M. Fennelly, S. Hellebust, J. Wenger, D. O’Connor, G.W. Griffith, B.J. Plantf, M.B. Prentice   

Portable HEPA filtration successfully augments natural-ventilation-mediated airborne particle clearance in a legacy design hospital ward

Journal of Hospital Infection, 131: 54-57, 2023

SUMMARY As the severe acute respiratory syndrome coronavirus-2 pandemic has proceeded, ventilation has been recognized increasingly as an important tool in infection control. Many hospitals in Ireland and the UK do not have mechanical ventilation and depend on natural ventilation. The effectiveness of natural ventilation varies with atmospheric conditions and building design. In a challenge test of a legacy design ward, this study showed that portable air filtration significantly increased the clearance of pollutant aerosols of respirable size compared with natural ventilation, and reduced spatial variation in particle persistence. A combination of natural ventilation and portable air filtration is significantly more effective for particle clearance than either intervention alone. 

Simon Simonet MS, Jonas Marschall MD, Rolf Kuhn PD, Matthias Schlegel MD, Christian R. Kahlert    

Implementation of an electronic, secure, web-based application to support routine hand hygiene observation with immediate direct feedback and anonymized benchmarking

American Journal of Infection Control, 50 :1263-1265, 2022

ABSTRACT A secure web-based electronic tool was developed and implemented to record adherence to hand hygiene during routine care and to provide direct feedback including anonymized benchmarking. It was found suitable for documenting hand hygiene improvements in a local campaign and ollowing rollout to other institutions in 2013, the tool is currently used in >100 hospitals in Switzerland and will play a major part in upcoming national hand hygiene campaigns.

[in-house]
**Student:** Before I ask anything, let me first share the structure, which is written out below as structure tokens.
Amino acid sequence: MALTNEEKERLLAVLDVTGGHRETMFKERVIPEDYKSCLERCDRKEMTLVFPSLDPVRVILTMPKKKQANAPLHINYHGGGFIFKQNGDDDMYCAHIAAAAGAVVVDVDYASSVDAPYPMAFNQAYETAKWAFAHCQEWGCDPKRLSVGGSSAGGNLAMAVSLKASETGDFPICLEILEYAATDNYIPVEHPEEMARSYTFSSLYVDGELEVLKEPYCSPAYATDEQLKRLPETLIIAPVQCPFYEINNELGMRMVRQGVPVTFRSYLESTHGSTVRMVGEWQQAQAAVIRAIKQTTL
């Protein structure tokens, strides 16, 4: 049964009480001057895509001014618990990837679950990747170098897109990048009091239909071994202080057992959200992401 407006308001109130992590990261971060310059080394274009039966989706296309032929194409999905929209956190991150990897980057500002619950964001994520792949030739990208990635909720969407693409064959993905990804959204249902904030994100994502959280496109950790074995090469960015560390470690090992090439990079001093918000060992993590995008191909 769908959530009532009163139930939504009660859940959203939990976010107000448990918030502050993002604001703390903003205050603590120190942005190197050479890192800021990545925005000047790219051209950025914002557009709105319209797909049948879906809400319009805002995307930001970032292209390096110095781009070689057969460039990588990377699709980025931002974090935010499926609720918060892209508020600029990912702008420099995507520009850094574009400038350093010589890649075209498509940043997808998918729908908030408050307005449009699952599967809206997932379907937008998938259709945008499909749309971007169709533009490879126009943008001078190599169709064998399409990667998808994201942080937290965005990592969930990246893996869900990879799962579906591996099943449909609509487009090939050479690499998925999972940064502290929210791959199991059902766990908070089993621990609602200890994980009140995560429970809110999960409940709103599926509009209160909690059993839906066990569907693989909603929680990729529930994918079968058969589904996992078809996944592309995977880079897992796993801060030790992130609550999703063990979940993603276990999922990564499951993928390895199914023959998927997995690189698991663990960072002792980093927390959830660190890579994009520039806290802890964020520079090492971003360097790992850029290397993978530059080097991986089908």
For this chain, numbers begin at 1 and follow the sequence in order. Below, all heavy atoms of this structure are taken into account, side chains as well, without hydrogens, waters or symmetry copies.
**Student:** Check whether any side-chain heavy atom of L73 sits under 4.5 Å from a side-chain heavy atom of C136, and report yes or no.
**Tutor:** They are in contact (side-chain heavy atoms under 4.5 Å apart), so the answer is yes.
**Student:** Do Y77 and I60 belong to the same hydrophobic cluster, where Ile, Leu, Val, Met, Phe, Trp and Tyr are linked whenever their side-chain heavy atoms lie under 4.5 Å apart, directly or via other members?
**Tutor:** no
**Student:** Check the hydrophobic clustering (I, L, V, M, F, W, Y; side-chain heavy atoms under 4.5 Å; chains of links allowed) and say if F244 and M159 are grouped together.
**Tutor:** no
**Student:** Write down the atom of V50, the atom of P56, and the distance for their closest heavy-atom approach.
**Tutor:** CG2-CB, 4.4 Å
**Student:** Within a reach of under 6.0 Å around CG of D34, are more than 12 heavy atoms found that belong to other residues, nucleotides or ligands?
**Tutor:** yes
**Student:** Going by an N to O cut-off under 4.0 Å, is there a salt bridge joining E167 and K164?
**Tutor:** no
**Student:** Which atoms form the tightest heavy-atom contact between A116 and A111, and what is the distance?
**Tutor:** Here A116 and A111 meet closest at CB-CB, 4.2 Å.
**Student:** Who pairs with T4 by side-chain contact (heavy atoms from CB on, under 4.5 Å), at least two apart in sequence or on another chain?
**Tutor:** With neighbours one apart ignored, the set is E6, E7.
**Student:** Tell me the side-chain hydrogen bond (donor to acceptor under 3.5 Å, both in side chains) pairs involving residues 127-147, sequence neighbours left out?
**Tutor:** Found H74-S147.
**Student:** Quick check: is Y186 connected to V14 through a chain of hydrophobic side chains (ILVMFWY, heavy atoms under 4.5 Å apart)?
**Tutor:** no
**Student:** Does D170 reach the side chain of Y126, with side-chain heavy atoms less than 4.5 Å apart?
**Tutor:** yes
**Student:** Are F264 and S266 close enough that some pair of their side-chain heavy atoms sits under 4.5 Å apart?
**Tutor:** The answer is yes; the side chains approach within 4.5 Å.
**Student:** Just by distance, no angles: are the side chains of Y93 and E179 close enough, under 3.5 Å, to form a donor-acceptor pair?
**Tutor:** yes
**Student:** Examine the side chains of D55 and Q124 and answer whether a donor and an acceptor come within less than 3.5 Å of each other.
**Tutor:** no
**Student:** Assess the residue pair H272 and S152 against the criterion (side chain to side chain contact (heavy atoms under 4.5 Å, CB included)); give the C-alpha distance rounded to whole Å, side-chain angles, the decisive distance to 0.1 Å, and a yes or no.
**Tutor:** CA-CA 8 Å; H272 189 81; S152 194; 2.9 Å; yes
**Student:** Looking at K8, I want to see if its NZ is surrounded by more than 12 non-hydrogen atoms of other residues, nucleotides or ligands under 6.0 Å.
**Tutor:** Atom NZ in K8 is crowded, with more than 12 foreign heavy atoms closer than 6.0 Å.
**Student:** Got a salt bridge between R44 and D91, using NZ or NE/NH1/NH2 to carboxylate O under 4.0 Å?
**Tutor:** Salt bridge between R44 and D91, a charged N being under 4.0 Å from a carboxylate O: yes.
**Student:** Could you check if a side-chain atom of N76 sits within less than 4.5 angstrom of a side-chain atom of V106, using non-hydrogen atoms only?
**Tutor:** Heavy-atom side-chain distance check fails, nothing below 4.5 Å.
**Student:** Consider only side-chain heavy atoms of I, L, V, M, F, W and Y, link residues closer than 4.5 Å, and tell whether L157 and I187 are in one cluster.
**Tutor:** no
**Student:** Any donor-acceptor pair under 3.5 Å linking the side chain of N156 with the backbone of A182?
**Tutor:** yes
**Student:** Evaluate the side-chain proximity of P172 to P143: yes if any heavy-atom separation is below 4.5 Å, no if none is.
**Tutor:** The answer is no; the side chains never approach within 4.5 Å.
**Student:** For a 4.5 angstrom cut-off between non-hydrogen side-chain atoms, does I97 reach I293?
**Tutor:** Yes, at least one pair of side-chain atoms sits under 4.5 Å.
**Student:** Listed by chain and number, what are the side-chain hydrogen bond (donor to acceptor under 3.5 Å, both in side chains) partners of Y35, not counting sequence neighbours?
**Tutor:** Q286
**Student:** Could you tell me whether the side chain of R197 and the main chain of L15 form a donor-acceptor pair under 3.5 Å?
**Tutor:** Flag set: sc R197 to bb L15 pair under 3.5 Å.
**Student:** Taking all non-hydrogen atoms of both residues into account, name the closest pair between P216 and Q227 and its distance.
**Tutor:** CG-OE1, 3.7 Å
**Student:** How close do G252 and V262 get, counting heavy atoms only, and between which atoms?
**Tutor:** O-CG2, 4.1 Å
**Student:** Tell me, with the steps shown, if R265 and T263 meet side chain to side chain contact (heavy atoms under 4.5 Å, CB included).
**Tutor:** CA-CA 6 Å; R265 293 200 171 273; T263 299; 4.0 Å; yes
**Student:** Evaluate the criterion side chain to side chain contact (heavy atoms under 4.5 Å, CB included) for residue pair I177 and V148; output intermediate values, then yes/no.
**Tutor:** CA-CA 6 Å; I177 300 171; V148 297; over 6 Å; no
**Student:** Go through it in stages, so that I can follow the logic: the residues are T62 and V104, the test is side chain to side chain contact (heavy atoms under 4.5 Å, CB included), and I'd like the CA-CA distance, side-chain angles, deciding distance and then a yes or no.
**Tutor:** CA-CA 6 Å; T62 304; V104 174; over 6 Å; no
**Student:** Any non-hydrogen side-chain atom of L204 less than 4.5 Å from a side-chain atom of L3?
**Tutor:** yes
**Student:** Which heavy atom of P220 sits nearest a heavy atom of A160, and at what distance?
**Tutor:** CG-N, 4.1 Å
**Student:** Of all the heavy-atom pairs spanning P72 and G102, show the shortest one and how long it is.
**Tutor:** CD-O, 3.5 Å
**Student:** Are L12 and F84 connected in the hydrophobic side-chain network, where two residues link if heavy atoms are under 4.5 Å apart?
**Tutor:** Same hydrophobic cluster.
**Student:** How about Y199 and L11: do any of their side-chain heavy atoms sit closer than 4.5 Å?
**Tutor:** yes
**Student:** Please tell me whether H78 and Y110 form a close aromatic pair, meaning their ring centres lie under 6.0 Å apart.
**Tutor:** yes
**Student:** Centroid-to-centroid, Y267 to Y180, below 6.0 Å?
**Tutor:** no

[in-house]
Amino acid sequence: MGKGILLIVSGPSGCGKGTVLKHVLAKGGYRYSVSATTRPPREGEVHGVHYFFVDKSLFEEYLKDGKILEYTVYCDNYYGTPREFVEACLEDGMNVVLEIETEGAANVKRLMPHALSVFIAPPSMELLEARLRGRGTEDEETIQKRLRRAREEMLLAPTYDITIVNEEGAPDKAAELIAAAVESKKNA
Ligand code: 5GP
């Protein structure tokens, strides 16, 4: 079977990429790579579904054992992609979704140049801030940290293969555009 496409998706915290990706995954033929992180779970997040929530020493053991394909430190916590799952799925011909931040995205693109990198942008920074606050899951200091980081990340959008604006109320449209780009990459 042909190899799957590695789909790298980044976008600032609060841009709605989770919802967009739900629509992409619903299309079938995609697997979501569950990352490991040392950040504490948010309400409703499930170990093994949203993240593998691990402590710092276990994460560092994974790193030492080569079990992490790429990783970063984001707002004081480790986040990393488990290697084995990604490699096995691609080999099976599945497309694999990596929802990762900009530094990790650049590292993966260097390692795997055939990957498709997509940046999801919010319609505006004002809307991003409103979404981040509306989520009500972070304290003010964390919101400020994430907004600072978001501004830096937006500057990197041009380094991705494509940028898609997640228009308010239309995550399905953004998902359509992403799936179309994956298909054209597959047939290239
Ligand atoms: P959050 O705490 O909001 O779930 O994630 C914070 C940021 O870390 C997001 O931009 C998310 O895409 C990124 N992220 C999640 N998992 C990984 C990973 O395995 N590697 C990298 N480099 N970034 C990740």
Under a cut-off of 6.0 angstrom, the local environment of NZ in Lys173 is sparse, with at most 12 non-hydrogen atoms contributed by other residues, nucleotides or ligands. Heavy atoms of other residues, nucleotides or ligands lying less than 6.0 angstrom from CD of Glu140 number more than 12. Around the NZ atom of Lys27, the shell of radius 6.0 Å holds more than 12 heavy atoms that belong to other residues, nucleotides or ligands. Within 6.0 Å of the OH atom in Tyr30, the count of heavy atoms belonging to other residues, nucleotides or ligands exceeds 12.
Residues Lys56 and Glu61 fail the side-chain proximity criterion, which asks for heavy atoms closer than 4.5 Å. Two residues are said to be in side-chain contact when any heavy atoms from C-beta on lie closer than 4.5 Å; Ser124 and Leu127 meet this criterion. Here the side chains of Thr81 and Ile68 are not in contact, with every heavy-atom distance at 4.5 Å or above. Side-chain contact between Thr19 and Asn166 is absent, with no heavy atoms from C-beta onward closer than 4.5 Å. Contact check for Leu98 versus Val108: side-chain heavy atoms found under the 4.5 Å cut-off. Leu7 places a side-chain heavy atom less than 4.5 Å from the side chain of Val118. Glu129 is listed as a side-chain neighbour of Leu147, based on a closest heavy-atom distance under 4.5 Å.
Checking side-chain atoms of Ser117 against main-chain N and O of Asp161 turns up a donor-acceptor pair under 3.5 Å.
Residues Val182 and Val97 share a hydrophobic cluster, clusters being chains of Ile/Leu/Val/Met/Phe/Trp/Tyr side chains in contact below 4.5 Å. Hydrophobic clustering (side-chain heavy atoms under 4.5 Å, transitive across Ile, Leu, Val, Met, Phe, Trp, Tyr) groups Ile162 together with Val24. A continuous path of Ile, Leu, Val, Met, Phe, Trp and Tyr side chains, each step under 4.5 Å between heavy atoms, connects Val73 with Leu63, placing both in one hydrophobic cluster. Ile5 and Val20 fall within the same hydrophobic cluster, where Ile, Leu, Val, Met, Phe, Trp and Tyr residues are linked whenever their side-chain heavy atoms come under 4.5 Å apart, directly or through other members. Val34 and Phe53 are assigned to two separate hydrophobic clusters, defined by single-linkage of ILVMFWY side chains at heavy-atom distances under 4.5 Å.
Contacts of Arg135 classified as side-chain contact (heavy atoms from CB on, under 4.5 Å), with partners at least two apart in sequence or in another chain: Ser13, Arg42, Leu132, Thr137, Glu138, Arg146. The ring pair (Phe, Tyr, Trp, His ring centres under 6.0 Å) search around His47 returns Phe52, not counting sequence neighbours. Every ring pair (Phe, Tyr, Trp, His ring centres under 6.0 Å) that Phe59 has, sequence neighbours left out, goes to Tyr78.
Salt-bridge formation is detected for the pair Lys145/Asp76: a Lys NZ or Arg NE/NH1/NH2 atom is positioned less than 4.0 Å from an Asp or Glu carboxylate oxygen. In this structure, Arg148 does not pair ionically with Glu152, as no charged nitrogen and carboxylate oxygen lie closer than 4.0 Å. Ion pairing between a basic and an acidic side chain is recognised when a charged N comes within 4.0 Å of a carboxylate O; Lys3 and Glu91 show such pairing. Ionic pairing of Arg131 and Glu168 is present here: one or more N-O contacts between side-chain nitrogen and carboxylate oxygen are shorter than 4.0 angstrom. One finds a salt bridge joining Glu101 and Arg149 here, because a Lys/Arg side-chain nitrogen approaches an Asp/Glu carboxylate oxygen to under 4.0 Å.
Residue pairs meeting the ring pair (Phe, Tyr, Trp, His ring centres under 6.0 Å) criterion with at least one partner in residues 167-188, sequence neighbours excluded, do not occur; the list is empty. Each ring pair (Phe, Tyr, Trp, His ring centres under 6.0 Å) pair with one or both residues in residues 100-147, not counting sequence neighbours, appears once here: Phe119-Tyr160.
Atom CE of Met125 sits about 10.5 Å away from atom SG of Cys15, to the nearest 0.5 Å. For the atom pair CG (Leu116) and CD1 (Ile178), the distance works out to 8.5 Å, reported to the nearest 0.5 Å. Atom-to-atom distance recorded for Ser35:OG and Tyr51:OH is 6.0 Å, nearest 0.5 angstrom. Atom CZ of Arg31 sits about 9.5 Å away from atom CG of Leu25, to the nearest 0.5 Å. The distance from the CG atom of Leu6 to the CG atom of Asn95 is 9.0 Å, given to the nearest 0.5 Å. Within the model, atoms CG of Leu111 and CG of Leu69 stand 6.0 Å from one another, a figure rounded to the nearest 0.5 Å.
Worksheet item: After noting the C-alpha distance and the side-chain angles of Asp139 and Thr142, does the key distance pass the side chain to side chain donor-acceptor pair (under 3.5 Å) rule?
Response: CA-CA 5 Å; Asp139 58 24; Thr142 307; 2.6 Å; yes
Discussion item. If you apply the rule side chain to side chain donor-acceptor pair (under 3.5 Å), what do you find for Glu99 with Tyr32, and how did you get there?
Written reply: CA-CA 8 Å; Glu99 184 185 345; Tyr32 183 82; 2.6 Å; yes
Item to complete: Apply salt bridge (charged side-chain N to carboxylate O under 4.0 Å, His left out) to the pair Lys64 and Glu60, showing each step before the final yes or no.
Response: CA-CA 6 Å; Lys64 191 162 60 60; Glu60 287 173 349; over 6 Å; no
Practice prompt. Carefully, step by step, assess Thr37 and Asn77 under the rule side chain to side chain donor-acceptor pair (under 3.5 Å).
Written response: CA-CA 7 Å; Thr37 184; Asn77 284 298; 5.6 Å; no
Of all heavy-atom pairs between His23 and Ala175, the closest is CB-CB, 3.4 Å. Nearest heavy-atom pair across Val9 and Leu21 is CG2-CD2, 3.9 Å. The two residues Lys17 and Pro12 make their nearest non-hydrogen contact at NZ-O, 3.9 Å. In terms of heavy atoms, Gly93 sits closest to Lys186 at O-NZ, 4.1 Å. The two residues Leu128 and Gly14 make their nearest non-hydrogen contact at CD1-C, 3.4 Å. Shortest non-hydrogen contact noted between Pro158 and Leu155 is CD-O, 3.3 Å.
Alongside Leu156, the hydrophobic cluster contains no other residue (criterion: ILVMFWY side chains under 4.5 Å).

Li-hao Peng MD, Ya-juan Chen RN, Shi-yi Yang RN, Guo-jiang Wang MD, Yan-hua Gu RN, Bao-liang Shen MD, Li-zhen Liu MD, Rui-xing Xian MD, Xian-hua Li RN, Shu-yun Li RN , Zhen-ni Dai RN, Fei-peng Xu MD, Jian-rong Hu MD, Fei Wang MD  

Viral contamination on the surfaces of the personal protective equipment among health care professionals working in COVID-19 wards: A single center prospective, observational study 

American Journal of Infection Control, 51 : 276 281 2023

Objective: To evaluate potential viral contamination on the surfaces of personal protective equipment (PPE) in COVID-19 wards. 

Methods: Face shields, gloves, the chest area of PPE and shoe soles were sampled at different time points. The samples were tested for the presence of severe acute respiratory syndrome coronavirus 2 (SARS-CoV-2) by PCR, and the cycle threshold (CT) values were recorded. Results: The positive rate was 74.7% (239/320) for all PPE specimens. The CT values of the samples were ranked in the following order: face shields > chests > gloves > shoe soles (37.08§1.38, 35.48§2.02, 34.17§1.91 and 33.52§ 3.16, respectively; P for trend < .001). After disinfection, the CT values of shoe soles decreased compared with before disinfection (32.78§3.47 vs. 34.3§2.61, P = .037), whereas no significant effect of disinfection on the CT values of face shields, chests and gloves was observed. After disinfection, the CT values of specimens collected from shoe soles gradually increased; before disinfection, the CT values of shoe sole specimens were all less than 35. 

Conclusions: SARS-CoV-2 can attach to the surfaces of the PPE of healthcare professionals in COVID-19 wards, especially the shoe soles and undisinfected gloves. Shoe soles had the highest SARS-CoV-2 loads among all tested PPE items. 

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Agenda scientifique

  • septembre 2023
  • du 12/09 au 15/09 || à Genève
    International Conference on Prevention and Infection Control (ICPIC)
  • du 25/09 au 25/01 || à Ostende
    Semaine des Infirmières – Journées d’études
  • octobre 2023
  • du 11/10 au 15/10 || à Boston
    SHEA ID Week. A joint meeting of IDSA, SHEA, HIVMA, PIDS and SIDP
  • du 11/10 au 15/09 || à Boston
    SHEA ID Week. A joint meeting of IDSA, SHEA, HIVMA, PIDS and SIDP
  • novembre 2023
  • du 14/11 au 15/11 || à Edimbourg
    Fédération des Sociétés d’infection (FIS)